Sanctuary Magazine is a publication for people looking to build and renovate sustainably. Universal design is the focus of their 61st edition. So I was delighted when the editor invited me to contribute on the topic of universal design in housing.

Small things can made a big difference to the ease of use. Things like pedestals to raise washing machines off the laundry floor to minimise bending.

Image by Taylor’d Distinction

Laundry with white fittings. Washer and Dryer raised up.

My article covers the usual benefits of universal design and how it is good for everyone and the elements of updated NCC for housing. And of course, I referenced the Livable Housing Design Guidelines as a good place to start. I was also given the opportunity to offer additional suggestions based on my experience.

Additional suggestions

My suggestions are based on building my own universally designed home, and from working alongside occupational therapists. Here are some of them.

Ensure easy access to storage by installing drawers instead of cupboards under benches in the kitchen, laundry and bathroom. A pull-out workboard in the kitchen is useful too: placed at a sitting height for an adult, it also provides a workspace for children.

Install lever handles on taps and on every door so that you can operate them with your elbows when your hands are full, or if you don’t have good grip. Consider grip strength and dexterity when choosing drawer and cupboard handles and other opening and closing mechanisms. Also consider raising power points from the skirting board and placing light switches and door handles at hip height for ease of use.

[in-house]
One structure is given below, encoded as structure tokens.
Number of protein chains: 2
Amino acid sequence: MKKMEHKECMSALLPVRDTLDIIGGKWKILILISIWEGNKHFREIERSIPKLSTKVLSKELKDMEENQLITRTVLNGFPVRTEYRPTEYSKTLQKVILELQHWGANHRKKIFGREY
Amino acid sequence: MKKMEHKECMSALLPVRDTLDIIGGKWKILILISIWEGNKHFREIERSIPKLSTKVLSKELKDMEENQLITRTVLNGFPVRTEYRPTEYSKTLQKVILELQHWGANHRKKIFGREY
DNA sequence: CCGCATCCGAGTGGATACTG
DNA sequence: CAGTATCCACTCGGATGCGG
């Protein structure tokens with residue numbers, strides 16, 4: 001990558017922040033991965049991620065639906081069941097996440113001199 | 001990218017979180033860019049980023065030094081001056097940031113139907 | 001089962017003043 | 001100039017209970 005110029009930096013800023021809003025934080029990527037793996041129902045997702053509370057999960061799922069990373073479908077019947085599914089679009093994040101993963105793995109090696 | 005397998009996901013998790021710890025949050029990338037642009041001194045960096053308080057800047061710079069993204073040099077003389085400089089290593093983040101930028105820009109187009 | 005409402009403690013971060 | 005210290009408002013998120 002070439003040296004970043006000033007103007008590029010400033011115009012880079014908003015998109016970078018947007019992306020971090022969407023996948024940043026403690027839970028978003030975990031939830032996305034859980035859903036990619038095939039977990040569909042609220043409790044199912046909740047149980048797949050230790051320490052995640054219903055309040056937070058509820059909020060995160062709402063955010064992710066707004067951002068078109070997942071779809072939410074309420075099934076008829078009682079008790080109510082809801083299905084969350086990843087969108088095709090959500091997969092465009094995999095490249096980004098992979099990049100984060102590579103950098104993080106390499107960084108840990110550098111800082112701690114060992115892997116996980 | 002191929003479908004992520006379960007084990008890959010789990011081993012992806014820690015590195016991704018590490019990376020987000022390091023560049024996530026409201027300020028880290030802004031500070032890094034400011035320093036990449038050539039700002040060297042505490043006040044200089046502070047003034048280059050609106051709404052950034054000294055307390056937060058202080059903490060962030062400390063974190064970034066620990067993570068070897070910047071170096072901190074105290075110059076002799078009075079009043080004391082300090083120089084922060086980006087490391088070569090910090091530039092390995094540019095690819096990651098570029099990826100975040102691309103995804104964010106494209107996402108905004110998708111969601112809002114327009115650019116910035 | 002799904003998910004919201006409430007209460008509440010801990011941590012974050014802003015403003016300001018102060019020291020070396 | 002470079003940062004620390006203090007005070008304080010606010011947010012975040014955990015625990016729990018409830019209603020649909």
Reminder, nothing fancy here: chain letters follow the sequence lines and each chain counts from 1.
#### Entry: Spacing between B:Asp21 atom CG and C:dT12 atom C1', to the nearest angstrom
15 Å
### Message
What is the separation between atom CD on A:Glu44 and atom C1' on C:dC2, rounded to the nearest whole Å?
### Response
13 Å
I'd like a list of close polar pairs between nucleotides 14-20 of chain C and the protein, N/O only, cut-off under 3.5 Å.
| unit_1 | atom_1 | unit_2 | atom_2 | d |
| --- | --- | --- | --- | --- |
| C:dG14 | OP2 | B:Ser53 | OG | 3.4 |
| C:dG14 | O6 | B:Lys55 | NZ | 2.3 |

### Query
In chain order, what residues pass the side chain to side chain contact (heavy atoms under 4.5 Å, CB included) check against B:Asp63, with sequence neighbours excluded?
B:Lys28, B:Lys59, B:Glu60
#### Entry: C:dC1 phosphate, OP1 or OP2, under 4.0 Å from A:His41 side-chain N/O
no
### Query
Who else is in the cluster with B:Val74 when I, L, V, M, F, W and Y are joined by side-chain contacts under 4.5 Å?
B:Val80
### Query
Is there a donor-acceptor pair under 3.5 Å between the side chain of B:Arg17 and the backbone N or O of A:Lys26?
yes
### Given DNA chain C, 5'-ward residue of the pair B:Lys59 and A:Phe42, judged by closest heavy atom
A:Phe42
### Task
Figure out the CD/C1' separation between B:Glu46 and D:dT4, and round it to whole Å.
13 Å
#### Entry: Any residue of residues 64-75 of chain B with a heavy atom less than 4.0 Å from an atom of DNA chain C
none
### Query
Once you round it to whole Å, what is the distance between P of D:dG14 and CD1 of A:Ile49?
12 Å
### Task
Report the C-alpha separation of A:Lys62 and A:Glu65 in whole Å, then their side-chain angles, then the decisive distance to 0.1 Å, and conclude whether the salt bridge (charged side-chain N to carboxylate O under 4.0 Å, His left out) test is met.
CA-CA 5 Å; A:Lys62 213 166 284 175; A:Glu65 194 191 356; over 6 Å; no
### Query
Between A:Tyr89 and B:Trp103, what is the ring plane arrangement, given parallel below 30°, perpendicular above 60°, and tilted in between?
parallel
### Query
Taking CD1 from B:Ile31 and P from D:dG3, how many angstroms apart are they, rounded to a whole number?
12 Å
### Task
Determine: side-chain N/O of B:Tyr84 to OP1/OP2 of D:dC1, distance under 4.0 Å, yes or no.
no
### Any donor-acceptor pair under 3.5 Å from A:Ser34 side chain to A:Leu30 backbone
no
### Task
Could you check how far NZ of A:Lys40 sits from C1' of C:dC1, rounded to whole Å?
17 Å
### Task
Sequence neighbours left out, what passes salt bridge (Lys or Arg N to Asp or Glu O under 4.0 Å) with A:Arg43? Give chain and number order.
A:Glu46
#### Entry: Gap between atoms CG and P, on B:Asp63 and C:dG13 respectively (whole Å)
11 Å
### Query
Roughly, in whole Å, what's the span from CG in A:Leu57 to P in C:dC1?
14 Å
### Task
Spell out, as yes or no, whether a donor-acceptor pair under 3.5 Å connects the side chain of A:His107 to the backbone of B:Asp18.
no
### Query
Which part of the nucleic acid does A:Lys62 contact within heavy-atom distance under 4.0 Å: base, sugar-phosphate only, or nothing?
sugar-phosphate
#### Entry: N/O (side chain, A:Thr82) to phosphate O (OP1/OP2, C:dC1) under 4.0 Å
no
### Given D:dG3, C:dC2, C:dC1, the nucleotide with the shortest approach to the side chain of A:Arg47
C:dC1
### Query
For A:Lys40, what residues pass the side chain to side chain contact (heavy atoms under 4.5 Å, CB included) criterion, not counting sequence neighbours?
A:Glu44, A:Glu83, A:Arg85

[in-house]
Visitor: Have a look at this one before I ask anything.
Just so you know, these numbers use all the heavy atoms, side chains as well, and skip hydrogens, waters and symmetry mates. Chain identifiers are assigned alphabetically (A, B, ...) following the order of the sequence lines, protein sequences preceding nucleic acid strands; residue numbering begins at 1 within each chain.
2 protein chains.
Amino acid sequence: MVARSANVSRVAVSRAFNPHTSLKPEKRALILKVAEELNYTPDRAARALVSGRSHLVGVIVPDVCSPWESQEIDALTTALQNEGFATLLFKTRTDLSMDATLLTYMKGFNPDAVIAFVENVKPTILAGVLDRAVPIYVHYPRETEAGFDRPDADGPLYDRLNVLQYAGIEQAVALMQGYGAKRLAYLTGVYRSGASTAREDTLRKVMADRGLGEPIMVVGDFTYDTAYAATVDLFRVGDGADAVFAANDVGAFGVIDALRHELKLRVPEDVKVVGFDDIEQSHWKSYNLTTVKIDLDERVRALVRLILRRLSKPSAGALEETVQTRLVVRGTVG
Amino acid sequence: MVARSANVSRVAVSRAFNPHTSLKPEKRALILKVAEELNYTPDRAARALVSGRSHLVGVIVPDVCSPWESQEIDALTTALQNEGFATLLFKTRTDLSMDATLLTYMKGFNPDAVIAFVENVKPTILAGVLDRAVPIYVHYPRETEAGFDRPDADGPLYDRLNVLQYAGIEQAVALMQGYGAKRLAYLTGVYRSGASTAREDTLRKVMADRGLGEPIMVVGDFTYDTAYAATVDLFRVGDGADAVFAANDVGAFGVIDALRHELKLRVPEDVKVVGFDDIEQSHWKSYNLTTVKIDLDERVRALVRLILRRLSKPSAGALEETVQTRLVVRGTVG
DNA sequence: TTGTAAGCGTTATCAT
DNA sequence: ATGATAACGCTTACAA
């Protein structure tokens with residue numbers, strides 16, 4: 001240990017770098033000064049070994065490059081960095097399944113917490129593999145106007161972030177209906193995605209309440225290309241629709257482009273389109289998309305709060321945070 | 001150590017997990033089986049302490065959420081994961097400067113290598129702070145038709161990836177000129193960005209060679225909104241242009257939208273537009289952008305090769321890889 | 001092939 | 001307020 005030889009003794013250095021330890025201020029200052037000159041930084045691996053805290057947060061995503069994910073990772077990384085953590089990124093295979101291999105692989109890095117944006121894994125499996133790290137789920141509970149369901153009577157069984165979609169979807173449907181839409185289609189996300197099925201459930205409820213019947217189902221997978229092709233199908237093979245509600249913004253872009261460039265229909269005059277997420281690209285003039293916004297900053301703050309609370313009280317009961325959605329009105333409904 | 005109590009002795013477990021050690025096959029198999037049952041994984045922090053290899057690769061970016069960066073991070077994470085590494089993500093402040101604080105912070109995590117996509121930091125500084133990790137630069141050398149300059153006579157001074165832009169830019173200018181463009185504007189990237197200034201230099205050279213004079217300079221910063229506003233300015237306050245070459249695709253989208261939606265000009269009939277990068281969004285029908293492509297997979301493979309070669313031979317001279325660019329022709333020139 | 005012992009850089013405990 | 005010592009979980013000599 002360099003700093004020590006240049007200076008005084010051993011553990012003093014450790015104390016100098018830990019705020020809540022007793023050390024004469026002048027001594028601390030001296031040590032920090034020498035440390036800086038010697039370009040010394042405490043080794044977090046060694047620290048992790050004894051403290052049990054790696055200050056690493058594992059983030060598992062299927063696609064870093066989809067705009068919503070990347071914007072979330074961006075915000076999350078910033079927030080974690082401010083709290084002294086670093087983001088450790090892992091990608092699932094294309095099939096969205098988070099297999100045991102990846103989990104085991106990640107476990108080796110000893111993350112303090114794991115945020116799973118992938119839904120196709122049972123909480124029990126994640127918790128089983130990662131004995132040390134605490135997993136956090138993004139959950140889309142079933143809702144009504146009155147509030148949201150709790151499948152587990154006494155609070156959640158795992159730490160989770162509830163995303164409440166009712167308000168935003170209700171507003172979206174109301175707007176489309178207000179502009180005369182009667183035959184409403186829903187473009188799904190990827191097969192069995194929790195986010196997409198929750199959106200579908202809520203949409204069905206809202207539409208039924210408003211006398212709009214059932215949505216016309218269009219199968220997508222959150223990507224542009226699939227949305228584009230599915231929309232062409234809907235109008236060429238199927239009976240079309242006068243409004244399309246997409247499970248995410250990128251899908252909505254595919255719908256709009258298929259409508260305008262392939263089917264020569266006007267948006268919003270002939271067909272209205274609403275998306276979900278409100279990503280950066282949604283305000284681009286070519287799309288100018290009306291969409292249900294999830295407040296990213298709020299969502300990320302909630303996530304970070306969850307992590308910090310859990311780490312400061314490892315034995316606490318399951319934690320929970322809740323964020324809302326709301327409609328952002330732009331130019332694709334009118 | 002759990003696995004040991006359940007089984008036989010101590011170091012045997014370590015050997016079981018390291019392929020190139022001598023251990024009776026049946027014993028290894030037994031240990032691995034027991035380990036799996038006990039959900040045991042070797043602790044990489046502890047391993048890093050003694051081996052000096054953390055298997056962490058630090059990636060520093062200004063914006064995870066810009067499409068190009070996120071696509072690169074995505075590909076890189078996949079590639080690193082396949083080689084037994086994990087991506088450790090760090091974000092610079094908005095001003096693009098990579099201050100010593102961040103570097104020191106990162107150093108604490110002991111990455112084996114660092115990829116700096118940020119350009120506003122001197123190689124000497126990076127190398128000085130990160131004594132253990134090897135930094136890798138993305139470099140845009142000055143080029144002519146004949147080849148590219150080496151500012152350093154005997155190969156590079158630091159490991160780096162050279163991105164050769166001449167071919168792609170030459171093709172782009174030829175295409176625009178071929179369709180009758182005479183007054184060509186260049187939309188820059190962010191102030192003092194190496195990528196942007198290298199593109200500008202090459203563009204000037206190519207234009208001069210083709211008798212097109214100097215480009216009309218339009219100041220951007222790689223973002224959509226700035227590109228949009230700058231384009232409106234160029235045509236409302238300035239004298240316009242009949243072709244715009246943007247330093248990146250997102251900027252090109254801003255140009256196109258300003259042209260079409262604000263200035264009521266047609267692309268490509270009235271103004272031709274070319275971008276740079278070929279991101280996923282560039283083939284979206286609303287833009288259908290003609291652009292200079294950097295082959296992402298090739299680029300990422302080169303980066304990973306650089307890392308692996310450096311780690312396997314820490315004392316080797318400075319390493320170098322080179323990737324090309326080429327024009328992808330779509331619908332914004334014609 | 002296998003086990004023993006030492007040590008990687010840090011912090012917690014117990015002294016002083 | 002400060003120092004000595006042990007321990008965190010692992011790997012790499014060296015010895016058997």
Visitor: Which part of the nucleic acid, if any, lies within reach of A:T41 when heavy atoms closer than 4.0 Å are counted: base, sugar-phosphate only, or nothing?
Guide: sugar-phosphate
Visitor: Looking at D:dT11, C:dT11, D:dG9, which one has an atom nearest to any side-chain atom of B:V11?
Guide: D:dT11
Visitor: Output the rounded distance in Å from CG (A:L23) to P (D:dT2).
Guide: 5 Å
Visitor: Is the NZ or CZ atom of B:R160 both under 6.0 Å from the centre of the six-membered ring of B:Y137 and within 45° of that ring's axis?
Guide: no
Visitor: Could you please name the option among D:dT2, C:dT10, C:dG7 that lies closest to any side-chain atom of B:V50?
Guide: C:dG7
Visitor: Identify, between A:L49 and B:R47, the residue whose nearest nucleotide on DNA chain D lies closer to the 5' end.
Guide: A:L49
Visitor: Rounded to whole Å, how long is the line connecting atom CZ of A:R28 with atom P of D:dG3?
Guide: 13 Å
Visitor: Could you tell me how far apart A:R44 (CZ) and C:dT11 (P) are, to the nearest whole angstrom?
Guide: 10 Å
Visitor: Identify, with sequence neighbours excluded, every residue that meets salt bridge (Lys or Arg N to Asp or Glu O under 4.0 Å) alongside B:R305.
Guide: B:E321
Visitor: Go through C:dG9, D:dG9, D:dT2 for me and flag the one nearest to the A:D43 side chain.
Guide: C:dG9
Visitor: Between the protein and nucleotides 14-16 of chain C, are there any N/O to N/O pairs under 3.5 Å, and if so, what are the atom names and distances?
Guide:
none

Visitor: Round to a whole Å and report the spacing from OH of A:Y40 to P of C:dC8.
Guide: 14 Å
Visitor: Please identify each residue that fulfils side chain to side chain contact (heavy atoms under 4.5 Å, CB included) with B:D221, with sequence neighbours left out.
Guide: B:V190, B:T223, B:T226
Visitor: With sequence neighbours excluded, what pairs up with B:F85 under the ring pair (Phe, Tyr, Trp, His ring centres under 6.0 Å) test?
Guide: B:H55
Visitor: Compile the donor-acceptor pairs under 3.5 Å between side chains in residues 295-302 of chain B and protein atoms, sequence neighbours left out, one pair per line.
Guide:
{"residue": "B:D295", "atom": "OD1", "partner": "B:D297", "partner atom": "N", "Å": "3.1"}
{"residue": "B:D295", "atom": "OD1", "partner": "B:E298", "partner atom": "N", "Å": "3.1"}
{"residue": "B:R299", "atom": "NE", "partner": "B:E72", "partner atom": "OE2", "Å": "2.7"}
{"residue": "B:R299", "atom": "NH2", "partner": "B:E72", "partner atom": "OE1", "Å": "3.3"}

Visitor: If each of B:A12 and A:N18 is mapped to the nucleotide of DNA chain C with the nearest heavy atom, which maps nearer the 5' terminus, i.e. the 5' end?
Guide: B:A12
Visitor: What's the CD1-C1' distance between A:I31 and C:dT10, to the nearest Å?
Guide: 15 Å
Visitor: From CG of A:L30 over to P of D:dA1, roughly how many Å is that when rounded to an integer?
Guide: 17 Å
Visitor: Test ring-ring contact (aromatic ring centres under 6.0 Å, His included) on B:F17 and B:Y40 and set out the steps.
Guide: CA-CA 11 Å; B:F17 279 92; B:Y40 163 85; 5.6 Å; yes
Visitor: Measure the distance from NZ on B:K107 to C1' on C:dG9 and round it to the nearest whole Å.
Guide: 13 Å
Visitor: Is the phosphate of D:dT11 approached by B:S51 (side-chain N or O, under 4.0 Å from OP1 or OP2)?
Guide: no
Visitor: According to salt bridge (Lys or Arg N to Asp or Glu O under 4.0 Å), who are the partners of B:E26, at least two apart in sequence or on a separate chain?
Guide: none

In two-storey homes, think about designing a location for the installation of a lift in the future. This space can begin life as cupboards and then be utilised for the lift later.

The Livable Housing Design Guidelines don’t cover level entry to balconies and alfresco areas, but it’s just as important as level entry into the home. For more space in bedrooms, change the space-consuming walk-in robes to cupboards. You might win space in the ensuite too.

“Universal design is about designing inclusively for as many people as possible, without the need for special types of designs. When applied to housing, it’s a design process that considers the real lives of families and households – throughout their lives. In the end, it’s just good sense to have homes that can
accommodate the expected and unexpected situations life brings for all family members.”

The editor, Anna Cumming, has allowed me to share my article, A Plus for Everyone. Architect Mary Ann Jackson is also a contributor to this edition with an article on a home renovation. You can access more information about Sanctuary, other articles, and subscribe.

Posted by Jane Bringolf, Editor